Furthermore, it did not define success as simply fixing the system for the next person. The CFPB was an agency focused on helping the people that were already struggling—on getting justice for borrowers who had already been ripped off.

It recognized that that what plagues higher education finance is not limited to some small set of actors; that the problem is not limited to one sector of schools; that it was not merely dealing with outliers in an otherwise benevolent system.

The CFPB was an independent agency that utilized every authority bestowed upon it by Congress—from supervision to enforcement, from documenting complaints to helping individual consumers.

  • It helped servicemembers and disabled veterans.[32]
  • It helped teachers, nurses, cops, and firefighters.[33]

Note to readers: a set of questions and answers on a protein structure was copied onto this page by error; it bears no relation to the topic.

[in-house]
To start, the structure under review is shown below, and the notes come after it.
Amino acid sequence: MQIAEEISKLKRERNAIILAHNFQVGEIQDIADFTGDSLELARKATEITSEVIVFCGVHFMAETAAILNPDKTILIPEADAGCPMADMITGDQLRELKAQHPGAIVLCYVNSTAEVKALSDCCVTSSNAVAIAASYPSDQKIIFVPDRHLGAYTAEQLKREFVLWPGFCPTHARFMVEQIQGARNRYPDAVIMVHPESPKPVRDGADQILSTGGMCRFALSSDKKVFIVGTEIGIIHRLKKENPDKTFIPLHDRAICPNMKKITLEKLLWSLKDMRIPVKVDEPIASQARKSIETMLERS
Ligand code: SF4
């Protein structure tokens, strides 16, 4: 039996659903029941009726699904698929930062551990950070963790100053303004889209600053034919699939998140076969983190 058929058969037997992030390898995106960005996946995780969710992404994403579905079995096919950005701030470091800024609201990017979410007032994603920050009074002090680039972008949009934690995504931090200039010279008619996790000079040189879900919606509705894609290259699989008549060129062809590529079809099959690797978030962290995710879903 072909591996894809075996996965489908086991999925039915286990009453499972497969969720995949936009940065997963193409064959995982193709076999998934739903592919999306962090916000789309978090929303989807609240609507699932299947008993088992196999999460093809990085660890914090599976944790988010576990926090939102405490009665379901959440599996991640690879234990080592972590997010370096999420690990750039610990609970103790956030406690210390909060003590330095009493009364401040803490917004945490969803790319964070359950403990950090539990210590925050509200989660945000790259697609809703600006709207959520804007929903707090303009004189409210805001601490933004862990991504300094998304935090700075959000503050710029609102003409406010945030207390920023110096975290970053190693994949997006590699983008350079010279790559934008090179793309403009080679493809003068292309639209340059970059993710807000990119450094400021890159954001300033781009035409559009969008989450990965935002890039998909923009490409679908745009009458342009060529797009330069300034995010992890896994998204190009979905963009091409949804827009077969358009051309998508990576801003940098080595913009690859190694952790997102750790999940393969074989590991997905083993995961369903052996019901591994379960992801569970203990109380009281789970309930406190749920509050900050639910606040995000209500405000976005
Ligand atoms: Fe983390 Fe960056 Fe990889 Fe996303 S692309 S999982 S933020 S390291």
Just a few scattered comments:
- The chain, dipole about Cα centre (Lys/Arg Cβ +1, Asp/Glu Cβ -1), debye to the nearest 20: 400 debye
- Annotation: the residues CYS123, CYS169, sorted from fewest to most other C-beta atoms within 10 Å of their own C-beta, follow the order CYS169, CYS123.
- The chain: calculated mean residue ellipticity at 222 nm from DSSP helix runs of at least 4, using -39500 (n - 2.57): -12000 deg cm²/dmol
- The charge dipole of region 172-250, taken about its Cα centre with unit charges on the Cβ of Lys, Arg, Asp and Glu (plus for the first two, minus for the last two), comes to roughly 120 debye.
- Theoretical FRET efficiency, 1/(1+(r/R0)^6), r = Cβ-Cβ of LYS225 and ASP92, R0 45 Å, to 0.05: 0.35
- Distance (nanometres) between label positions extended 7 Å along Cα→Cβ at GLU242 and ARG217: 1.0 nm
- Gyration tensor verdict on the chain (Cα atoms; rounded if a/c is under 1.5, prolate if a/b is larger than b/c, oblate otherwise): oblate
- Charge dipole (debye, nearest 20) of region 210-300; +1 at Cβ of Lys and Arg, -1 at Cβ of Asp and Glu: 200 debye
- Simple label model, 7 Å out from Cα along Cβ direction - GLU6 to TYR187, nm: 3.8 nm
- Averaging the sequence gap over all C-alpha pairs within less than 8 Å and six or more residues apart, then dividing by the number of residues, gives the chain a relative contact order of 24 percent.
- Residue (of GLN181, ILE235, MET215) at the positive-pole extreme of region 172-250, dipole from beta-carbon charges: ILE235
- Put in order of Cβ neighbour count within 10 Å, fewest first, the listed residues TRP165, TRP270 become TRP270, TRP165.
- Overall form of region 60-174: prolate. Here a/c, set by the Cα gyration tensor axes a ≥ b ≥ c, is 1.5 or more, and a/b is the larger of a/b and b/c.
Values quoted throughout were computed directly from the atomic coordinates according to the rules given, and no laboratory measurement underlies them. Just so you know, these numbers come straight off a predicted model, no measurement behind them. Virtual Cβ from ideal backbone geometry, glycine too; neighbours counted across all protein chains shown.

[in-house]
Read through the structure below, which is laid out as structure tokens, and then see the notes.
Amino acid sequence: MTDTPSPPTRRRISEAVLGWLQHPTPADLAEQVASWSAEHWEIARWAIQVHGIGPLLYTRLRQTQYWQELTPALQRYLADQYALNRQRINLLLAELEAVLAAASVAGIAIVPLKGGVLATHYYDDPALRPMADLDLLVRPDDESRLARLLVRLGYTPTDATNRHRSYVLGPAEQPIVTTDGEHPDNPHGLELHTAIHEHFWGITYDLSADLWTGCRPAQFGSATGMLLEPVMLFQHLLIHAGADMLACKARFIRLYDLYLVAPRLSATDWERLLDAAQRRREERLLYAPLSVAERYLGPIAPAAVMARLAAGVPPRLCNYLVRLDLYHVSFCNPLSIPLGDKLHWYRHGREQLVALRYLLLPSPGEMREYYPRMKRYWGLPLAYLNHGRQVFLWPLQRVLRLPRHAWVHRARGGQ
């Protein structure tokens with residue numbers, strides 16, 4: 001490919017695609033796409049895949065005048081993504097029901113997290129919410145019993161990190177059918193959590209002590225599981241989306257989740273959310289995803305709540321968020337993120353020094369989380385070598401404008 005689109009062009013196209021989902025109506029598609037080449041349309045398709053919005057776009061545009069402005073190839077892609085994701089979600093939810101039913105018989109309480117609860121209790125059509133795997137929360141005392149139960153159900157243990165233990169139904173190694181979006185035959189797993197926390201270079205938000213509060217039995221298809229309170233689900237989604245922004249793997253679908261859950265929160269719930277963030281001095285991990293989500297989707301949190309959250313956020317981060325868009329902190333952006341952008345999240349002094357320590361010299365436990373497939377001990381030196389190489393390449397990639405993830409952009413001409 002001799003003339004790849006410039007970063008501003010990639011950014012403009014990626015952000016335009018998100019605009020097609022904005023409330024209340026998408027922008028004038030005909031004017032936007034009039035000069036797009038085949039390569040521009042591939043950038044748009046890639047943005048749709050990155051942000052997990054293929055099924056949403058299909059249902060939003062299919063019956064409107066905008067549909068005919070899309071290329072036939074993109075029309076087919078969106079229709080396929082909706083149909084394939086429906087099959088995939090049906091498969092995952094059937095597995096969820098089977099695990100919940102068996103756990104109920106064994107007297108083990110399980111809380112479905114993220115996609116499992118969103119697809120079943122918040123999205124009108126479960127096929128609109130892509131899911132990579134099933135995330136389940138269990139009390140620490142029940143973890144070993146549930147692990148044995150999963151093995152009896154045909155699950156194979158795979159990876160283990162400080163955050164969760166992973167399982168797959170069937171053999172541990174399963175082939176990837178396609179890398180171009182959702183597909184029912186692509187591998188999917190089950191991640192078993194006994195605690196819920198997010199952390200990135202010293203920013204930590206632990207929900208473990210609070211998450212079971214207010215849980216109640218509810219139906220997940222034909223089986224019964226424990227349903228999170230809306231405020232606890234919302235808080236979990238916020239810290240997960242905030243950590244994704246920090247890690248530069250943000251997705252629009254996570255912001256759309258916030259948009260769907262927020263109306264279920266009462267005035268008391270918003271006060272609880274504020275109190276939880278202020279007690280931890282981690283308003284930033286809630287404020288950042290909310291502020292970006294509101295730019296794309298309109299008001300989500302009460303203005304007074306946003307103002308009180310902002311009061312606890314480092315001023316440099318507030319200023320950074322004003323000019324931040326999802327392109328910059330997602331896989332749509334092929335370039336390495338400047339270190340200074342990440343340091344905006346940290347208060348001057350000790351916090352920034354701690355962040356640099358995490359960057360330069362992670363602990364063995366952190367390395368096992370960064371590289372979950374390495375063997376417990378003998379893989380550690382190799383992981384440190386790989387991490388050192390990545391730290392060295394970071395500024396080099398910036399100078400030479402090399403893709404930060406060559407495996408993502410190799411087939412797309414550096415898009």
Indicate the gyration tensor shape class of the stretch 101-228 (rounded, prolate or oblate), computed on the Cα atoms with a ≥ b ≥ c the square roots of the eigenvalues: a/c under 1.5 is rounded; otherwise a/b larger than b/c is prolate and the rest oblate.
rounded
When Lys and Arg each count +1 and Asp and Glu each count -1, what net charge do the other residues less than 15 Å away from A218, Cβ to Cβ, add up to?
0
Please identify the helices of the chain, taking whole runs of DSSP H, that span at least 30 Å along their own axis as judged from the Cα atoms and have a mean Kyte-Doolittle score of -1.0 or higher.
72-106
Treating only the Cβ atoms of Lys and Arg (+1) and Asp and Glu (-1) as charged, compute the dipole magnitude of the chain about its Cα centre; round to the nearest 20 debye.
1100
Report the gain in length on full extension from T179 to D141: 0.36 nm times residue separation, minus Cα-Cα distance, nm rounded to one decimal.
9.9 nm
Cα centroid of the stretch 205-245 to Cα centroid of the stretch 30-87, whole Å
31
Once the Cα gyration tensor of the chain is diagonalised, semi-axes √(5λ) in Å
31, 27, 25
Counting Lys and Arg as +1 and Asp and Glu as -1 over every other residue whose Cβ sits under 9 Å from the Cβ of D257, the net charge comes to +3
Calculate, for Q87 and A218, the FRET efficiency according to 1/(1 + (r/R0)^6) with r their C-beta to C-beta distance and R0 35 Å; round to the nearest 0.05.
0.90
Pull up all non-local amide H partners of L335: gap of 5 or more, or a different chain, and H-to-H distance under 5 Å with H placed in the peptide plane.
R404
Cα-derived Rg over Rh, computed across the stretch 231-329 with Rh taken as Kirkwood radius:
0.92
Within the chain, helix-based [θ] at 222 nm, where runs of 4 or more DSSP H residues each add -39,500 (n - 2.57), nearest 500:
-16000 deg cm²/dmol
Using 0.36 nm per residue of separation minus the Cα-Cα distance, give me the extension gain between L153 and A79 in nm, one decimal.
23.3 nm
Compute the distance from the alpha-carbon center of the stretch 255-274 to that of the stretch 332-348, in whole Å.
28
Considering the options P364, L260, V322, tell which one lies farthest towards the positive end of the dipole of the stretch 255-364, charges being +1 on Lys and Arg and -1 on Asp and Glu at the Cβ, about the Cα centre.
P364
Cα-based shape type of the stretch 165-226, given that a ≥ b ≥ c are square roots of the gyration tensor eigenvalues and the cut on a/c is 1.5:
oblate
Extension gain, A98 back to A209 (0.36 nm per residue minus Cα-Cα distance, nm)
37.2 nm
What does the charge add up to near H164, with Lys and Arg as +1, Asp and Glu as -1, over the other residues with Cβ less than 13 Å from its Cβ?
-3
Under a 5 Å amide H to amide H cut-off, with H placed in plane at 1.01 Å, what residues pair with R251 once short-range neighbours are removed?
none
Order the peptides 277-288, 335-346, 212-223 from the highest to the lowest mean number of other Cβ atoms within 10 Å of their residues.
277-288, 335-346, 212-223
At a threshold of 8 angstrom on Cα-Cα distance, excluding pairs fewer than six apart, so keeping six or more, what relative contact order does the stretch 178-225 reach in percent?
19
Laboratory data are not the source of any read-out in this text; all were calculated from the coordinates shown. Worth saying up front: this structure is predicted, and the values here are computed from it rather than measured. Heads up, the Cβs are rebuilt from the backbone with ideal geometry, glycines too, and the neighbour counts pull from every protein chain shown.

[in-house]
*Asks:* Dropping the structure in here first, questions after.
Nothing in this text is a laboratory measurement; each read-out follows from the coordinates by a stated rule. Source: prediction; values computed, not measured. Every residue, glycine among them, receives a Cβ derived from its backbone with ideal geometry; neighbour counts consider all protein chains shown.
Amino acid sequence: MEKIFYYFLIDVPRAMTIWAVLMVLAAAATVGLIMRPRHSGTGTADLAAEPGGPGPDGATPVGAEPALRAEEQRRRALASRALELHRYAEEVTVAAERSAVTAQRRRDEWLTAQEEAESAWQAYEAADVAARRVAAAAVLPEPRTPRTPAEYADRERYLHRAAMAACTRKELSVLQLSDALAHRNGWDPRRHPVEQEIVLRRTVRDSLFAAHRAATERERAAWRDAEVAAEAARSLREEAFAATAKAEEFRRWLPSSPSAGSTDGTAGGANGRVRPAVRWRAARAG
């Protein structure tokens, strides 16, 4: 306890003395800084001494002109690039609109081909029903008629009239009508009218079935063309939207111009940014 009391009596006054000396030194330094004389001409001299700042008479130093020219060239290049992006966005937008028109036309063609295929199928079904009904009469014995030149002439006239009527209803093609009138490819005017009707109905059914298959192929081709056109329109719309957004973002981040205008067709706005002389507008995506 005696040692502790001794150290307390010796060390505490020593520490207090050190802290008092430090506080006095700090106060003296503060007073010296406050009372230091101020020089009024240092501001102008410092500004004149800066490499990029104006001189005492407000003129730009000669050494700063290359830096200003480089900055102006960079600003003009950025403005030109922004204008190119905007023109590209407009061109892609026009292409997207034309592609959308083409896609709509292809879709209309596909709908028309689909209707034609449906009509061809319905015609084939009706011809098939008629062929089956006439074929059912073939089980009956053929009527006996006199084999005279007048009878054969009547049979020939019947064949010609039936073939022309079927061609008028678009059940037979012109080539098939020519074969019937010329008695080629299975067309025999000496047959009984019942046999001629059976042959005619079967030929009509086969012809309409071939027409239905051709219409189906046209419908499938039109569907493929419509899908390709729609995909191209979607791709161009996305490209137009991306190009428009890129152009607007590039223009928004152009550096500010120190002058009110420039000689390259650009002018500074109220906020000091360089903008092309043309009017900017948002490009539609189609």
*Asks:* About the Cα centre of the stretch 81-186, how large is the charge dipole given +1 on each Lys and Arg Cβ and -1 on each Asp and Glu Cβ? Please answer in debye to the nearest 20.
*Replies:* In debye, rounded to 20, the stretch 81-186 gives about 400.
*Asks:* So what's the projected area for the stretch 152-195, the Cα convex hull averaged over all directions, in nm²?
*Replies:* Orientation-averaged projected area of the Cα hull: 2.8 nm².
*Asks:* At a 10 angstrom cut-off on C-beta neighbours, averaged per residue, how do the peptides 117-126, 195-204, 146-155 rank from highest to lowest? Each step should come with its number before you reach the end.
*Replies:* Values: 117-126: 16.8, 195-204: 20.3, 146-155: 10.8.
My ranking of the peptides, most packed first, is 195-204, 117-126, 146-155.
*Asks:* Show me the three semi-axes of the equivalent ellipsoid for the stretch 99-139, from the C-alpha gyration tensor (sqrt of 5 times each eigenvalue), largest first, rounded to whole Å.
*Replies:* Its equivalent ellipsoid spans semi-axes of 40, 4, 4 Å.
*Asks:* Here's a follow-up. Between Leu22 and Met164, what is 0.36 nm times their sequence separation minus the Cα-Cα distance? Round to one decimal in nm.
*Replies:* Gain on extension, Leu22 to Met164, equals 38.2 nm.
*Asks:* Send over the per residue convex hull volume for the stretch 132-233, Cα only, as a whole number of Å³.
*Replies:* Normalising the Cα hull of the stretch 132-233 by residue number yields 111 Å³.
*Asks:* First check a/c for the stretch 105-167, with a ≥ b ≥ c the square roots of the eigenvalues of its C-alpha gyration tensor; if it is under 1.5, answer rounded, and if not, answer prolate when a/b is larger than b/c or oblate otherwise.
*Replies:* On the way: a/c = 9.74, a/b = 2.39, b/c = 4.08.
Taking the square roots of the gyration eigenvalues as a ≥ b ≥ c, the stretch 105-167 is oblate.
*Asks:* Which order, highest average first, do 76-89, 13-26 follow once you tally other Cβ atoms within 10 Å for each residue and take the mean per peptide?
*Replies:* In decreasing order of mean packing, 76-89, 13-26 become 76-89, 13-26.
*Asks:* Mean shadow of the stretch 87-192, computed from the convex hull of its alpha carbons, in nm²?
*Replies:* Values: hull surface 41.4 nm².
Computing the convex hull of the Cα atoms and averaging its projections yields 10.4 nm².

• It helped borrowers in all 50 states and every US territory.[34]
  • It helped borrowers of every age, every race, every gender.[35]
  • It helped American families.[36]

The Bureau oversaw all aspects of the market, from banks to nonbanks, lenders to servicers. It took enforcement action against those who broke the law, from small scammers to large financial institutions like Wells Fargo, Discover, and Navient.[37]

And it worked. In those seven years, the CFPB returned more than $750 million to student loan borrowers.[38]

But when the formerly independent CFPB was placed under the political influence of Mick Mulvaney, Kathy Kraninger, and their appointees, everything changed. The CFPB walked away from the 44 million Americans with student debt.